An unexpected arrival

I’d left some equipment behind in the old location I used to keep bees, and hadn’t got around to moving it yet. Some new visitors took advantage of this des res – a brood box with a few frames in, a floor, and an inspection board acting as a roof, all piled up on top of a load of empty equipment. They’re against a wall and have a hedge and trees the other side, providing shelter from the Cornish rain, and – in the last few days – the Cornish sun!

I was surprised at how large a swarm it was. A couple of weeks on, the brood box is full of bees. On my first inspection, I looked for eggs but found none. I filled in the empty spaces in the box with new frames of foundation. I inspected again four days later and was happy to spot larvae.

The next job to do is move them to the same location as my other bees. The swarm is especially lucky as my sole remaining colony, headed up by Queen Oilel (named by reader Disperser), seems to be queenless (or at least, she has stopped laying if she’s there). Sorry Emilio, your Queen didn’t last long.

The swarm before I filled in the gaps with frames

I discovered a few fat slugs living in the corner of the brood box, which I ejected for the bees, using my hive tool to pick them up and gently place them elsewhere. I then had to change my hive tool, as unfortunately I discovered bees get stuck to slug slime! Which is presumably why the slugs get away with it.

The bees have been taking advantage of the beautiful sunshine after the rain. On my last visit they had bulging light grey pollen baskets – I believe from blackberry brambles. Honey bees and bumbles can also be spotted enjoying clover at the moment.


In my garden, campanula has been very popular, attracting honey bees but also more unusual small solitary bees a third of the size of the big honeys. If you look closely below you can spot a honey bee nestled in one of the flowers. The campanula self-seeds and drapes itself daintily everywhere, seemingly needing barely any soil at all.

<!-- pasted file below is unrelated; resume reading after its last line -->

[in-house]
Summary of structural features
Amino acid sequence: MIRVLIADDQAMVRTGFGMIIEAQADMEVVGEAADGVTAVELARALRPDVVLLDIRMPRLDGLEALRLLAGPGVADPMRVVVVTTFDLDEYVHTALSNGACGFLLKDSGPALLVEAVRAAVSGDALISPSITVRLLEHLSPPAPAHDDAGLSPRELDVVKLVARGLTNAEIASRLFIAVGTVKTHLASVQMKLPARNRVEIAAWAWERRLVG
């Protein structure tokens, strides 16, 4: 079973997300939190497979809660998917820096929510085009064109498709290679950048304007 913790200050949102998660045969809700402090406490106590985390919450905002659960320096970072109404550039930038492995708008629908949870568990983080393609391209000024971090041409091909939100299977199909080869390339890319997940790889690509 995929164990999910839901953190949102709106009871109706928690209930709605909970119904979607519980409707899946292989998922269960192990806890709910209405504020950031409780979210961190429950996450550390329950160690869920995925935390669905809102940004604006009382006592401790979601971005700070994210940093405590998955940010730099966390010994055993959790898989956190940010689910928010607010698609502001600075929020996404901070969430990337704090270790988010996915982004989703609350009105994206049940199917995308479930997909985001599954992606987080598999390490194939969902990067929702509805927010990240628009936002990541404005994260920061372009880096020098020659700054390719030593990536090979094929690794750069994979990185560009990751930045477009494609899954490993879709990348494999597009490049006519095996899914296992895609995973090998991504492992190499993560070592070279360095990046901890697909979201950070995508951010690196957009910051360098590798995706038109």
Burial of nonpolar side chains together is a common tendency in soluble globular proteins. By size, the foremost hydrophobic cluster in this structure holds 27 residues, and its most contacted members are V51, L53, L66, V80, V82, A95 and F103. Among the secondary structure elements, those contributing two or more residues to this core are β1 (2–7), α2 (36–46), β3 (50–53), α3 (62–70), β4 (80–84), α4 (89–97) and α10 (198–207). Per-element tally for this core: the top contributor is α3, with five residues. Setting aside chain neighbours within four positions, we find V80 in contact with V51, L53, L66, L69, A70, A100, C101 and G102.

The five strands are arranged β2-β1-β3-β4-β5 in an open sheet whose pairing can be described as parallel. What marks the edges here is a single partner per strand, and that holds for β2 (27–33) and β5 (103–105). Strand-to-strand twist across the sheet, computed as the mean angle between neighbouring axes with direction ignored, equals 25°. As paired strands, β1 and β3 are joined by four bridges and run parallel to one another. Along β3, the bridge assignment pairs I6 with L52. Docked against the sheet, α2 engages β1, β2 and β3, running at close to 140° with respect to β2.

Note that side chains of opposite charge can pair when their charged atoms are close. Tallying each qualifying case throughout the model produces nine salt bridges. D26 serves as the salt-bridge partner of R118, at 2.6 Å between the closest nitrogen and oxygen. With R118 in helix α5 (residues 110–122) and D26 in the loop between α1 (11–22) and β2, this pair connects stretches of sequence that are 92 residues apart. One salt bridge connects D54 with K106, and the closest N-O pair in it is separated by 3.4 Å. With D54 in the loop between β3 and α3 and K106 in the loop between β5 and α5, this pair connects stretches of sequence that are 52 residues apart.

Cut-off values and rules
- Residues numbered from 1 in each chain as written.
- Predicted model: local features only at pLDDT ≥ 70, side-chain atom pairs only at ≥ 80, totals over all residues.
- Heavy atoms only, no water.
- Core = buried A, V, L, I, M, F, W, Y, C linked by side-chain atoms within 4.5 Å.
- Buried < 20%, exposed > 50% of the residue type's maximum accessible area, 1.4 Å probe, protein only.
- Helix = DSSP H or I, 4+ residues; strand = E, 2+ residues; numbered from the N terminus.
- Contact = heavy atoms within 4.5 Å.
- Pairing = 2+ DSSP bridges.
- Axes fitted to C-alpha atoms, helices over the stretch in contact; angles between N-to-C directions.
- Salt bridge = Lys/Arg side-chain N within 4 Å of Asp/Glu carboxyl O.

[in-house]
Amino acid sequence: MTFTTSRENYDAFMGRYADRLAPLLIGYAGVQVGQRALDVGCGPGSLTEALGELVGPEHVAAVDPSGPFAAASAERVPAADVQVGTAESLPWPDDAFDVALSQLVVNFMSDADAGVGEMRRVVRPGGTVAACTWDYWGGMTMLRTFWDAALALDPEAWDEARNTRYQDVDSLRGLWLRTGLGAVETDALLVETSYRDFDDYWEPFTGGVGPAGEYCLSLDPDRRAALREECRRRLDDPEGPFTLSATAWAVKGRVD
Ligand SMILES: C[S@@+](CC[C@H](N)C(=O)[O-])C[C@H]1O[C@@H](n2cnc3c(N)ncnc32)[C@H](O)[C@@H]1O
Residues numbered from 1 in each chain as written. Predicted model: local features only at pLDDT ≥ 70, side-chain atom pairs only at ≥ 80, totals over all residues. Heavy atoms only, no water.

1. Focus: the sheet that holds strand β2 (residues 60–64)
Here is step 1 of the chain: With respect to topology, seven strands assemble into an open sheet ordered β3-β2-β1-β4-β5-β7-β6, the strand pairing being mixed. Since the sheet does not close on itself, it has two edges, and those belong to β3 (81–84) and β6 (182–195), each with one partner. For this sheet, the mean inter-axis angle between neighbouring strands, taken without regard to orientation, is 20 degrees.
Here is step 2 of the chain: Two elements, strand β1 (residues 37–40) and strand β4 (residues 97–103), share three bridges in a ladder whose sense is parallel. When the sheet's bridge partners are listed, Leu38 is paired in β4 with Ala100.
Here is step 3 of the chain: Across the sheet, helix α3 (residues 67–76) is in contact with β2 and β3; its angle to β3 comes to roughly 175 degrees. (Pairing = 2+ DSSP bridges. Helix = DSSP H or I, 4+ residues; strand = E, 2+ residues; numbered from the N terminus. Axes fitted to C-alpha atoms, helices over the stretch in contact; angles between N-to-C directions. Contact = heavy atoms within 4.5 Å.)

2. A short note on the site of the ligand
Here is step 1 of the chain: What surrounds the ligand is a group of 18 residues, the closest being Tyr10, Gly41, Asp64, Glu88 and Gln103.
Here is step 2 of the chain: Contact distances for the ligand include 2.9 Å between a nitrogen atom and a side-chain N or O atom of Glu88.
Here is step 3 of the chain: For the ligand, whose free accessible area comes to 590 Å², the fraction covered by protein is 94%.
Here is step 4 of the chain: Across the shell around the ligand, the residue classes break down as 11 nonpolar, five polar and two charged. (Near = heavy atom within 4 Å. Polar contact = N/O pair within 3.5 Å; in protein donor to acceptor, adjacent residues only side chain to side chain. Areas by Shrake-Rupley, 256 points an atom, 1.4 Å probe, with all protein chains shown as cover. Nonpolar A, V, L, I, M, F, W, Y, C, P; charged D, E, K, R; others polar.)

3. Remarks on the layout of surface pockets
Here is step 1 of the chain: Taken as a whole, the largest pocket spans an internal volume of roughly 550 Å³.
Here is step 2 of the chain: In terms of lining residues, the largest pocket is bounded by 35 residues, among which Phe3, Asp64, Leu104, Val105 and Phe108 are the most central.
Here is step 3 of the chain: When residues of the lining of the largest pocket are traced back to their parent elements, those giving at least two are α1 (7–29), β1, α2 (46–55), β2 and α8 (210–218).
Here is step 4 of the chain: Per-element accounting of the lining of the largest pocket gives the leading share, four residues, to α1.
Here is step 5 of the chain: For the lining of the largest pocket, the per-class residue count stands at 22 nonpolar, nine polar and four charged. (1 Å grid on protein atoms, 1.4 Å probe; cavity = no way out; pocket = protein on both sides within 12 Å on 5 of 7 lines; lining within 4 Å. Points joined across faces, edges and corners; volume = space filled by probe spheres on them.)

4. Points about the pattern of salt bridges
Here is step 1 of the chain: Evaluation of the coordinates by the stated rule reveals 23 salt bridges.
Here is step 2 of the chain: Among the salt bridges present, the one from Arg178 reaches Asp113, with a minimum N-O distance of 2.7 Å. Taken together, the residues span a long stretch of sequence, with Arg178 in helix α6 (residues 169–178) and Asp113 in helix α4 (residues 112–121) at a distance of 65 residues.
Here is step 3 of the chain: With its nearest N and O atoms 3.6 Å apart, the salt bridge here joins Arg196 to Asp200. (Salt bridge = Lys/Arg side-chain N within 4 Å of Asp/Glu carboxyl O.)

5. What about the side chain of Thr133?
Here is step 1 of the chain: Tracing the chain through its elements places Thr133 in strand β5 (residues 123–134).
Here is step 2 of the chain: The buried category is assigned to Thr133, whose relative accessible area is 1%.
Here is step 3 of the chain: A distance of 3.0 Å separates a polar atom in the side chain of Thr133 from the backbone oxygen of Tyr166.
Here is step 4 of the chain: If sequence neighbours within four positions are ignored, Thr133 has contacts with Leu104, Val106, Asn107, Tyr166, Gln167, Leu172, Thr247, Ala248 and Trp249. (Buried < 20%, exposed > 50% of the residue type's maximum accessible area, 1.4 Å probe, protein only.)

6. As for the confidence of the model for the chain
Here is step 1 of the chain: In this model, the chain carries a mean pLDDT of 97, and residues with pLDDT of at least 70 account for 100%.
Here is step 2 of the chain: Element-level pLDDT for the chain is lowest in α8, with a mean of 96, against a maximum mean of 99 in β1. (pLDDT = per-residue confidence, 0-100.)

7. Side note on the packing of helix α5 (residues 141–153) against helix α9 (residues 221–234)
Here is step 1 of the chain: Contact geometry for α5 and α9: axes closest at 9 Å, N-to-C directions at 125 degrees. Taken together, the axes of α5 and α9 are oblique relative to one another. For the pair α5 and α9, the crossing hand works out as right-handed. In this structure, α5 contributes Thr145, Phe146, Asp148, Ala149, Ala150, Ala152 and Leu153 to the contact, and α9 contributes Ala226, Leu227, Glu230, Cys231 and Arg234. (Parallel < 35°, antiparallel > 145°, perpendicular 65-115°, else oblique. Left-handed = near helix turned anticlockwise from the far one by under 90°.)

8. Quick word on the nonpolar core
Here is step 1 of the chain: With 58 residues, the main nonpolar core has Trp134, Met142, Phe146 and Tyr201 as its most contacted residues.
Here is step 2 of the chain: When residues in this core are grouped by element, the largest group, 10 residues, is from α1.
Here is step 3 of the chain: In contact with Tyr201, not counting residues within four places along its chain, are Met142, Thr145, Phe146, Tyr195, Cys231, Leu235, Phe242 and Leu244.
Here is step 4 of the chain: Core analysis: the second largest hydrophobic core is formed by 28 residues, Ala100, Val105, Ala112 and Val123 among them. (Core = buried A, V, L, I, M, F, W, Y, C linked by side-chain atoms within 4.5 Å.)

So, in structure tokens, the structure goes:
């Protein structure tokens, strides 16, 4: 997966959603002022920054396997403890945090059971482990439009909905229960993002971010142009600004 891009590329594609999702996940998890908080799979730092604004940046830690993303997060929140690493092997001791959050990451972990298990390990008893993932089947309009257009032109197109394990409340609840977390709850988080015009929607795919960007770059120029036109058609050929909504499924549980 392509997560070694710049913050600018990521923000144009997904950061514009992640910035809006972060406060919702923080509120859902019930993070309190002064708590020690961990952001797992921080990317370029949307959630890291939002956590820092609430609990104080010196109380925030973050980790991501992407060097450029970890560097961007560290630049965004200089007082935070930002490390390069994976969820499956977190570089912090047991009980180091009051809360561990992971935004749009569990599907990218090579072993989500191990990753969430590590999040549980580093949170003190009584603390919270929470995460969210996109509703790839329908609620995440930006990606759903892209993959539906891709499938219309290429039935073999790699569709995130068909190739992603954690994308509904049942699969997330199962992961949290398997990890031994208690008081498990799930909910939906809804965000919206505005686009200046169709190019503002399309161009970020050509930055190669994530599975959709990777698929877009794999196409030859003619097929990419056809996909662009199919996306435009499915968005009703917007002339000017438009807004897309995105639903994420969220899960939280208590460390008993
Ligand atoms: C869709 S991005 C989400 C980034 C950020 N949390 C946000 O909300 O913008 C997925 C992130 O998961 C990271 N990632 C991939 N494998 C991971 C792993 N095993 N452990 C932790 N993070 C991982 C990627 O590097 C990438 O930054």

About Emily Scott

I am a UK beekeeper who has recently moved from London to windswept, wet Cornwall. I first started keeping bees in the Ealing Beekeepers Association’s local apiary in 2008, when I created this blog as a record for myself of my various beekeeping related disasters and - hopefully! - future successes.
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13 Responses to An unexpected arrival

  1. Somerset beek says:

    Hi Emily! Congratulations on your new visitors! I’ve had a very swarmy season here in West Somerset and hoping it stops soon as I’ve run out of equipment. Not all those with virgin queens early in the season managed to mate but I hope to end the season with the same number of colonies as I started with. And honey? Well we’ll see! I enjoy your blog. Thanks for sharing. 🙂


  2. What a marvelous surprise! I hope these bees are especially nice, seeing as they came to you and all. 😉


  3. Arriving of their own choosing is a good omen. I think I would consider them special. Not that all the bees are special but I sometimes I find I am not impartial. We have had such an unusual amount of rain that we have loads of clover too which is unusual at this time in July. I think the U.K. is experiencing similar weather so they should build up well going into winter. Amelia


  4. thelivesofk says:

    Wonderful surprise! I wish you and the bees a successful year. – Kourosh


  5. disperser says:

    So, let me get this straight . . . you’re bringing in a usurper? Hmm …

    I have confidence Oilel will rise again and restore her lineage!

    Although, if she’s anything like me, she probably said something like “I don’t need this! Let someone else procreate.”

    Speaking of which, are any workers laying eggs? Could it be Oilel is on a brood break?


    • Emily Scott says:

      You have picked up some beekeeping knowledge along the way! No workers laying eggs yet, but uncannily I spotted Oilel yesterday after all. She hadn’t stepped up her laying unfortunately, but she’s there alright. Perhaps she’s on strike!


    • disperser says:

      After years of reading this blog, I’m practically an expert.

      I think Oilel is gearing up for a major egg offensive . . . I hope.


  6. Did you identify the small bees on the campanula?


    • Emily Scott says:

      That’s beyond my bee knowledge sadly. I’ve taken photos of them before and asked on the BWARS group, but people could only say the group they belonged to, not the exact species without having a specimen to inspect. I would rather let the bees carry on enjoying the flowers.


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